Fall Garden Chores

— Written By N.C. Cooperative Extension

Contributed by Dr. Slade Howell, Watauga County Extension Master Gardener

We tend to equate the advent of fall colors with the termination of garden activities. To the contrary, autumn is the starting point for a successful garden in the coming year. Since these endeavors are not as intuitive as in the spring, a list can be helpful.Fall Gardening

  1. Clean up the garden by removing remaining summer plants and waste. This removes a source of residual pests, eggs and spores, thus reducing the need for pesticides the next spring. In addition, you still need to remove the weeds. This reduces the number of weed seeds that will be able to germinate the following spring.
  1. Apply mulch, decomposing leaves and/or compost. This adds insulation, reduces compacting, diminishes weed seed germination, and adds organic matter to the soil.
  1. Fall planting: In addition to cool weather crops, which should be planted early August to early September, it is time to plant fall bulbs, such as flowering varieties, garlic, rhubarb, etc…
  1. Plan and design for next year. Is it time to relocate the garden to a spot with more sun exposure? Repair or replace the existing borders of the garden, or add terracing? Fall is a great time to take notice of overcrowded perennial plants. They can then be divided and transplanted when the weather is cooler and there is less stress on the plant.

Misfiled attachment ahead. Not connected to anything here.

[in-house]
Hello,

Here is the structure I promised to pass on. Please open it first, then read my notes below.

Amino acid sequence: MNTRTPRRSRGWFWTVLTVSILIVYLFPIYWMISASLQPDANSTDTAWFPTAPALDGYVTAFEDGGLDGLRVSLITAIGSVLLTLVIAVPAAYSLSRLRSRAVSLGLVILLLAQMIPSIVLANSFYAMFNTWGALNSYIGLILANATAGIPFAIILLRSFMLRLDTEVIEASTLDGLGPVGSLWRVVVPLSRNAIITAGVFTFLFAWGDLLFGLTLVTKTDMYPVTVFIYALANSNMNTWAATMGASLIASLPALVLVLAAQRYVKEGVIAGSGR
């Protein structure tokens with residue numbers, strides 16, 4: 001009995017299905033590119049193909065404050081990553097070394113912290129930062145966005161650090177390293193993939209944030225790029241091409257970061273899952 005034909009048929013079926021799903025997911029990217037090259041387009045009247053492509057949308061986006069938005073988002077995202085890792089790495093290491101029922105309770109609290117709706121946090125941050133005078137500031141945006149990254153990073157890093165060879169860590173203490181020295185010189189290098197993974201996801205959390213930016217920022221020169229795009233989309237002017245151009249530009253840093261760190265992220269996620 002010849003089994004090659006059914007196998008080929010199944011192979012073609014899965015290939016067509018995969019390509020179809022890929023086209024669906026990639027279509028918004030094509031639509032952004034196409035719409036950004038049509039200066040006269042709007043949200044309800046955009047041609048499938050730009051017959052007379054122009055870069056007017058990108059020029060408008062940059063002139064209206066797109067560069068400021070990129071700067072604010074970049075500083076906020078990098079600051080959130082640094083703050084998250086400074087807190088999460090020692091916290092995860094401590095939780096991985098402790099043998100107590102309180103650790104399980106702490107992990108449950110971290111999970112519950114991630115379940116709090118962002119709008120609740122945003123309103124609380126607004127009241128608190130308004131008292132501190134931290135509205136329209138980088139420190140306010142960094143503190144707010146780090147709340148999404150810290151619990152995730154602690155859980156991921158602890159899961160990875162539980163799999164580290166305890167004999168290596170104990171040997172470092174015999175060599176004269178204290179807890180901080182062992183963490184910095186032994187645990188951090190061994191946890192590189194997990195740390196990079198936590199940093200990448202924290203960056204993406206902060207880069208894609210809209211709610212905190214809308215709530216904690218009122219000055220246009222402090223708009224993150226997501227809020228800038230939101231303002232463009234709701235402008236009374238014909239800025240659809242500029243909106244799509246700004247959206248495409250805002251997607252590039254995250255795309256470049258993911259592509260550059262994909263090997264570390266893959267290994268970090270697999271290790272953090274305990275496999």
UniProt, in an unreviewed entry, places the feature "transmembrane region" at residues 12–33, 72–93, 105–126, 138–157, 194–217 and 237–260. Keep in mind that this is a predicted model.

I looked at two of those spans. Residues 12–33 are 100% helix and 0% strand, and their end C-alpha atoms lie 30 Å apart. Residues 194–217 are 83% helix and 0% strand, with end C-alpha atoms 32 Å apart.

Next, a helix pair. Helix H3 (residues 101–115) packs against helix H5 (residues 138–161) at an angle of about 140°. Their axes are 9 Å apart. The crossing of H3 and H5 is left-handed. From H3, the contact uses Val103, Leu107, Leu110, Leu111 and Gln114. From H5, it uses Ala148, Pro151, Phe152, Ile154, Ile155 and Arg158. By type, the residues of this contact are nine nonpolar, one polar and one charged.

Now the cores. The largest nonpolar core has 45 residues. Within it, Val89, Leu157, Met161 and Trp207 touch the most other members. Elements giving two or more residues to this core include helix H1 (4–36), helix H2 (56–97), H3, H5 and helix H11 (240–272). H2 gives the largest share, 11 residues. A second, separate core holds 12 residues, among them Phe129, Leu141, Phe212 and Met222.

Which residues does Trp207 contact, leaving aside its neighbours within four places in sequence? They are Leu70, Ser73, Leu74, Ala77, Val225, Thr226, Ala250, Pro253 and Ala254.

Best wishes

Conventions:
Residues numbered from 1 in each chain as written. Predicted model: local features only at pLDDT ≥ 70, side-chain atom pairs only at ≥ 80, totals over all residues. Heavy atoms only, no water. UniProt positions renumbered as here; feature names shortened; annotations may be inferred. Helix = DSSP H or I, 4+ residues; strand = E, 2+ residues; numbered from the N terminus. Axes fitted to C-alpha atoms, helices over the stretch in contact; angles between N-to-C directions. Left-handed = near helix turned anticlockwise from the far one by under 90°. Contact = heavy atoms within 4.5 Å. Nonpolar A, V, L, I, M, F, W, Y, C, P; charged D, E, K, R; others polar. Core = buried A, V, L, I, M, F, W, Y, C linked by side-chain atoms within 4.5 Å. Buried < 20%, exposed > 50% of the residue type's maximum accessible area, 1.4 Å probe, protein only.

1. Collect seed. This is an optimal time to gather and label for next year’s planting. It’s also an ideal time to obtain cuttings to be propagated inside over the winter. Hardwood cuttings can be taken while dormant and placed in moist medium in an above freezing location to start forming roots.
  1. Collect and mail soil samples. Correcting pH and adding needed amenities to the soil, to allow incorporation over the winter, begins with obtaining soil samples. Collection containers and instructions are available at the Watauga Cooperative Extension Office, located at 971 West King Street in Boone. Soil tests are performed by the NC Department of Agriculture and are free until the end of  November, however you must pay to mail them to the lab in Raleigh.
  1. Tool care: Clean, sharpen, oil and store as needed, and you should be ready to go come spring.